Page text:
I originally picked up Drink by Ann Dowsett Johnson because I know so many of us – too many of us – suffer from addictions. I reasoned that while I didn’t need it ( I don’t drink), someone else might. How right (and wrong) I was!
If you do anything to “seek the numb”… this book will probably resonate with you!
While it is written upon the foundation of the female drinker (Chapter 4 is all about how the alcohol industry lures women, for example) it is relatable to all who struggle with alcohol, whether it is binge drinking or alcohol abuse.
Johnston wrote this book with a story of her own to tell… and she does.
I need to stop here and say that I appreciate her stories, though I can see that some might say she leans on her experiences too much. This notion rubs me the wrong way because… Hello!… I write a lot like she does! I mean, as far as infusing my story into every post. Like say, well, listen to this:
I used to drink. It was the 1970s… and those were the years of spandex and disco. At 19, I once vomited my stomach lining after a night of mixing Screwdrivers and Zombies at a place called The Bahooka. It was dark and there were huge fish tanks and it had atmosphere, that’s for sure! But its real claim to fame? They served minors. It was all so funny… har har har… me, barfing my literal guts out everywhere and then left in my car to sleep it off by well-meaning friends (who were as young and clueless about what to do as I was). When I woke up, it was 3am, my car was at the end of my best friend’s street (it was a cul-de-sac), the headlights were on (hello, police-es, I’m here!), and I had no idea how I got there. My house was 2 seconds away around the corner, luckily, and I drove myself home. Need I say more?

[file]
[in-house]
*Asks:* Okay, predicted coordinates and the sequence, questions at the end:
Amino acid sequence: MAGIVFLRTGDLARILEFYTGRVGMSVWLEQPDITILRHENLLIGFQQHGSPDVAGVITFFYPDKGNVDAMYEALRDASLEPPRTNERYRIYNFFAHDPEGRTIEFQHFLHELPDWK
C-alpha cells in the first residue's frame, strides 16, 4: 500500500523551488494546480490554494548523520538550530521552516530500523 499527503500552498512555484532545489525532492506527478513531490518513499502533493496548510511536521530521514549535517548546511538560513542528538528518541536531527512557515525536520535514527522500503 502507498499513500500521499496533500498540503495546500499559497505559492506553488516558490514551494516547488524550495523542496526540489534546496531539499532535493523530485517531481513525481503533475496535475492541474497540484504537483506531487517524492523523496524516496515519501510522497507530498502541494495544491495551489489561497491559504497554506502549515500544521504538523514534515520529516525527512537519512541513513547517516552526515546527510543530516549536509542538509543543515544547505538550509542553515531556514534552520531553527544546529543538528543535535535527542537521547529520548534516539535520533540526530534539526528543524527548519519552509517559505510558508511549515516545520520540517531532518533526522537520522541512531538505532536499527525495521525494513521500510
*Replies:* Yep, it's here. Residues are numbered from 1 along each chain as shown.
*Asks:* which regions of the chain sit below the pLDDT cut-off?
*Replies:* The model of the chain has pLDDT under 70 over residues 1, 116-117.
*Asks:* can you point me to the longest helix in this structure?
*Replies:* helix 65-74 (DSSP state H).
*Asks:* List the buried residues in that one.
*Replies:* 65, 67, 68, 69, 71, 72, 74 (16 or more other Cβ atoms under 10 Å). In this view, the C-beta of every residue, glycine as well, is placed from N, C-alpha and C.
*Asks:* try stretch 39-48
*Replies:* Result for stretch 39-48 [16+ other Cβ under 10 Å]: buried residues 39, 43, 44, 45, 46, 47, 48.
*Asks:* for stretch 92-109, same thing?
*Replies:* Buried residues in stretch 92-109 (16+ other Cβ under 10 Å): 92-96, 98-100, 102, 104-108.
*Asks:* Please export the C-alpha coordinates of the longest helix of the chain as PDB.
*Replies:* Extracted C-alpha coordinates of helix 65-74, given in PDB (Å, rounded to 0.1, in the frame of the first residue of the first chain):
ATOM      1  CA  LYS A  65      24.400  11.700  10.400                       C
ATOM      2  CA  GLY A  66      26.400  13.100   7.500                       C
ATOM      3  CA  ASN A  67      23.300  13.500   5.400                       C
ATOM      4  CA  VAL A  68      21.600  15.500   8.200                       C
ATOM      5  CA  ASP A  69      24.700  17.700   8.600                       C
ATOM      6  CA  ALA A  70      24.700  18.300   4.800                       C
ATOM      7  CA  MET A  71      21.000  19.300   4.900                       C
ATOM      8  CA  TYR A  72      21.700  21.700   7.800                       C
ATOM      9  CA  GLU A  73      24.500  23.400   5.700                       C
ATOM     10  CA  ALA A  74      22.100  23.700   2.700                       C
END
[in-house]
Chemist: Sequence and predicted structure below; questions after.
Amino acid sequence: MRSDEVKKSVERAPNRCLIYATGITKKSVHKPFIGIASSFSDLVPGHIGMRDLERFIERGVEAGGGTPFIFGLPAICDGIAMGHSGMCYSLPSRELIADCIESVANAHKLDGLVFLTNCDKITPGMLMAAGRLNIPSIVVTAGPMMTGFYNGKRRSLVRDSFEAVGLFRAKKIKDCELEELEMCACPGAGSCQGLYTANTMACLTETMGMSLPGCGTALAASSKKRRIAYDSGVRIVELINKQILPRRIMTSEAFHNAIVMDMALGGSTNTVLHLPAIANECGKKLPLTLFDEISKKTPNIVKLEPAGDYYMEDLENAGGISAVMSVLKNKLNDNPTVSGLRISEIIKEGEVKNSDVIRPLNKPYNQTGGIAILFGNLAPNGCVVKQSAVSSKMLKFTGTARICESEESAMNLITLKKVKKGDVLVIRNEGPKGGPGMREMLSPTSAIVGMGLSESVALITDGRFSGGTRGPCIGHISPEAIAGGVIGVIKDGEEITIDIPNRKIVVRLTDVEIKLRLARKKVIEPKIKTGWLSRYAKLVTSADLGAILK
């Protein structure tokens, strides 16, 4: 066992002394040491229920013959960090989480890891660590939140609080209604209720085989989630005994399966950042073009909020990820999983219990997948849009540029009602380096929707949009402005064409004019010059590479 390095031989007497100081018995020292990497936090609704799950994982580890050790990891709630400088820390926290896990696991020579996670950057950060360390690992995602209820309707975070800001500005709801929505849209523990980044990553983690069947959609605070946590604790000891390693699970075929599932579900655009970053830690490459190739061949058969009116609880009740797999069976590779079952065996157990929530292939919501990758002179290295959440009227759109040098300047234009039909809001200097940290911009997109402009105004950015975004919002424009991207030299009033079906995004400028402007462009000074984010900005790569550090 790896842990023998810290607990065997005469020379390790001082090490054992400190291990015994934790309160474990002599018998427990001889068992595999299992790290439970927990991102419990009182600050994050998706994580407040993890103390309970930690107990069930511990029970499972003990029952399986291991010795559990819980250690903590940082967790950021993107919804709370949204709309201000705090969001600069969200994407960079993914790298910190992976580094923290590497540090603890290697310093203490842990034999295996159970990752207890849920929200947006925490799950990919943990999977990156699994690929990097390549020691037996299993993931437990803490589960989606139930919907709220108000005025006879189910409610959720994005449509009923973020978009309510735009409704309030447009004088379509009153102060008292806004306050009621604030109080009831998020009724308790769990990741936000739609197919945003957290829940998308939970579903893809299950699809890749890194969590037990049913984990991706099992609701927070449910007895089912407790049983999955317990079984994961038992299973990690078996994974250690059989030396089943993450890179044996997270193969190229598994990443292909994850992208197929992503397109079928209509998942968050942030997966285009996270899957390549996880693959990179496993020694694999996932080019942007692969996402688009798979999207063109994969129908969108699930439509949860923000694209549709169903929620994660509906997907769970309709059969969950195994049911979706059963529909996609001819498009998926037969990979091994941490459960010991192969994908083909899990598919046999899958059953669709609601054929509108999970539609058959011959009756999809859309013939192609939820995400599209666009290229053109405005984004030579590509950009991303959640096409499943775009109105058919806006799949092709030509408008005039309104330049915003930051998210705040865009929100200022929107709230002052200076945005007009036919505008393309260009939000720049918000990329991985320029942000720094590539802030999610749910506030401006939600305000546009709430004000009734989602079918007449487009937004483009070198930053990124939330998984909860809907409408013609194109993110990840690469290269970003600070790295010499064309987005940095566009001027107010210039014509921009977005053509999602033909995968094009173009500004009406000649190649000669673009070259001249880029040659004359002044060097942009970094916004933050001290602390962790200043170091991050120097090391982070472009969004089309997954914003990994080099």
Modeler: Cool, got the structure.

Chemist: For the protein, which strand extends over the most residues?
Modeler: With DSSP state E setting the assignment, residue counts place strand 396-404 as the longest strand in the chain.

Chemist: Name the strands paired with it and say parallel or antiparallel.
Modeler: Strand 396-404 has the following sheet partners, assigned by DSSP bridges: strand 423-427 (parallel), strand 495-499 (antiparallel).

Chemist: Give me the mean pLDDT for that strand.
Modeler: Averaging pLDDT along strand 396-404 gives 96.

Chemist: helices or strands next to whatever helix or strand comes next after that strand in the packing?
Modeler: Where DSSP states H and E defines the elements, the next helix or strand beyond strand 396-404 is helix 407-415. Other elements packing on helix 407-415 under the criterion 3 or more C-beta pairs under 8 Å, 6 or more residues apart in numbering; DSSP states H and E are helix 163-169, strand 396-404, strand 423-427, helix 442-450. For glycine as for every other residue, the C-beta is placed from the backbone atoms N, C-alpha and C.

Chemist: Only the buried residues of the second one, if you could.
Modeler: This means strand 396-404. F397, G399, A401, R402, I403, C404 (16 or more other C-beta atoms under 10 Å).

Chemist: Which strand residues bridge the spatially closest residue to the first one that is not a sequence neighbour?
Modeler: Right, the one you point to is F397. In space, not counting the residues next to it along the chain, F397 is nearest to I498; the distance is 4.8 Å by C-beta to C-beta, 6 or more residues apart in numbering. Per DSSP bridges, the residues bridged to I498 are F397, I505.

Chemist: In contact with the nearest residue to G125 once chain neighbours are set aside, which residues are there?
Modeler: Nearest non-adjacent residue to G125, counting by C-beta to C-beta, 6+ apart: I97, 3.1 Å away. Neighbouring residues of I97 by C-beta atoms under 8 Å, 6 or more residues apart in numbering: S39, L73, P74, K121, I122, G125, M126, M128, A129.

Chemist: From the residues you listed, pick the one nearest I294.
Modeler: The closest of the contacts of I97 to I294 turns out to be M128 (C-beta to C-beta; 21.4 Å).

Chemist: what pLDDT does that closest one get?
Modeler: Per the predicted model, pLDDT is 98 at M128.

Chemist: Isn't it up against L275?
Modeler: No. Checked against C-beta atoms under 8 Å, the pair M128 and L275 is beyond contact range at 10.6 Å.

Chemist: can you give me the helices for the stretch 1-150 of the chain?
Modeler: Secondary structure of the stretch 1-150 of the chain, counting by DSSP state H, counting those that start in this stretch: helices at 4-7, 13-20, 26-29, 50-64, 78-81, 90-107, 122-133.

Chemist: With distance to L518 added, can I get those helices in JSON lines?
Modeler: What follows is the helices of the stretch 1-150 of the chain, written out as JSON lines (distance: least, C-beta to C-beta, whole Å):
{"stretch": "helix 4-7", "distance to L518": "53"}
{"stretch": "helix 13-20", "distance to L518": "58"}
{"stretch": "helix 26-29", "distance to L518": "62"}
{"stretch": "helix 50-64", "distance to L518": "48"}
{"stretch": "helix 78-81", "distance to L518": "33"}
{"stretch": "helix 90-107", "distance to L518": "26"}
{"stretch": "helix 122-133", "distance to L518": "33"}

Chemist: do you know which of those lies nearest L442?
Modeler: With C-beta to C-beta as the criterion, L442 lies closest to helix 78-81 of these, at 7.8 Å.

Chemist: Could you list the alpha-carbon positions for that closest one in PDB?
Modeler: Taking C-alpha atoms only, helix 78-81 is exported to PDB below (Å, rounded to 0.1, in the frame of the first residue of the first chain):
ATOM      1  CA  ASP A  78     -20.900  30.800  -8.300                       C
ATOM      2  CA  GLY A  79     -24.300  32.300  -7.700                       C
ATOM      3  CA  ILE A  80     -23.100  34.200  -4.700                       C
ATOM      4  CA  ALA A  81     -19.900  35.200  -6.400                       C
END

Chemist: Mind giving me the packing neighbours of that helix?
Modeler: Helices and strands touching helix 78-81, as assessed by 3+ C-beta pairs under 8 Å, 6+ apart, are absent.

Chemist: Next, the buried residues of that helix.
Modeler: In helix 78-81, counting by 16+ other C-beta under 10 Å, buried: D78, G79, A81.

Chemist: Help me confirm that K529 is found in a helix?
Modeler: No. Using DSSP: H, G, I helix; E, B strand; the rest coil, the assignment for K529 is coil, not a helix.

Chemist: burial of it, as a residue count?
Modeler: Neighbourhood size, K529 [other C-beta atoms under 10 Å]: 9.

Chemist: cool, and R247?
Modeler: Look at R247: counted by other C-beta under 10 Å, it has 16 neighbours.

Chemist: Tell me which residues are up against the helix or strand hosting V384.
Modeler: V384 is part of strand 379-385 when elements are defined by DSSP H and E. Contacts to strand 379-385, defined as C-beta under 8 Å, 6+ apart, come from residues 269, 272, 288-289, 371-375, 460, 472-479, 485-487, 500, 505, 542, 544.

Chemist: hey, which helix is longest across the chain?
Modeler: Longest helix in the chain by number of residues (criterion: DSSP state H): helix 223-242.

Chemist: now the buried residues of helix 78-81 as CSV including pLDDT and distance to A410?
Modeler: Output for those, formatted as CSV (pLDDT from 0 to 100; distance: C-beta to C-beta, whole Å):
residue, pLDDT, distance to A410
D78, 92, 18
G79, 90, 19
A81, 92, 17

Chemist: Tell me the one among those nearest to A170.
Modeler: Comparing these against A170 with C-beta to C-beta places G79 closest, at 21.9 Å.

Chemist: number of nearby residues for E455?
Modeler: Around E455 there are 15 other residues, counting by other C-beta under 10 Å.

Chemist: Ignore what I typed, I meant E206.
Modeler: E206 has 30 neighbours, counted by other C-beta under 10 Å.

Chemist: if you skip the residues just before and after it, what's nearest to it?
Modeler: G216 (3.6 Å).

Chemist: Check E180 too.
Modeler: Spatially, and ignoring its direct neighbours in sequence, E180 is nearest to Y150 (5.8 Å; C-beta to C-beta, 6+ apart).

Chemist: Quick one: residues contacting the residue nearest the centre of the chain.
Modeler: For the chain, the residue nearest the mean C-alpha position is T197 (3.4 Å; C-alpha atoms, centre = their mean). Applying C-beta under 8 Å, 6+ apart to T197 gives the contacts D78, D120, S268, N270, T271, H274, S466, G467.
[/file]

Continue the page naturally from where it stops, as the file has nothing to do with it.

After that, I drank, sure, but getting drunk tended to do bad things to me… especially after I had kids. I got horrible migraines, even after a second glass of wine. After menopause, the headaches came after a single glass of wine. So, I’ve kept my drinking to a very occasional glass of champagne or wine at a party or skip it. Usually, I just skip it. The last drink I had was so many years ago that I don’t know how many years ago it was!
In doing research for this post, I came across some interesting arguments about the book. Why? Because Johnston suggests that men and women handle and process alcohol differently, which makes women appear “weaker” than men.
What do you think?
I think there are obvious differences (yoo-hoo, it’s me, the uterus!) but is a brain a brain, no matter whose head it’s in?
Then, there is the other fight… and it’s about content. From the Toronto Star: “Mixing booze, babies, not harmless” by the author and the retort, by the founder of the group mentioned in the article. Again, interesting, right?
Men and women and alcohol. A drunk’s a drunk?
Towards the end of the book, in the chapter, “Getting Whole,” the truest words are written:
In the beginning, you think it’s all about giving up alcohol. […] But slowly, you realize that abstinence is only the first requisite for growth. This is how you get ready for the real work: the emotional, mental and spiritual push-ups essential to gaining some true perspective.
This is true about any addiction.
So, I’m kinda torn on this book.
Is it just a woman thing? Of course not! But I think we all know that going in. Read it with that in mind. It’s written by and for women. Nothing more, nothing less.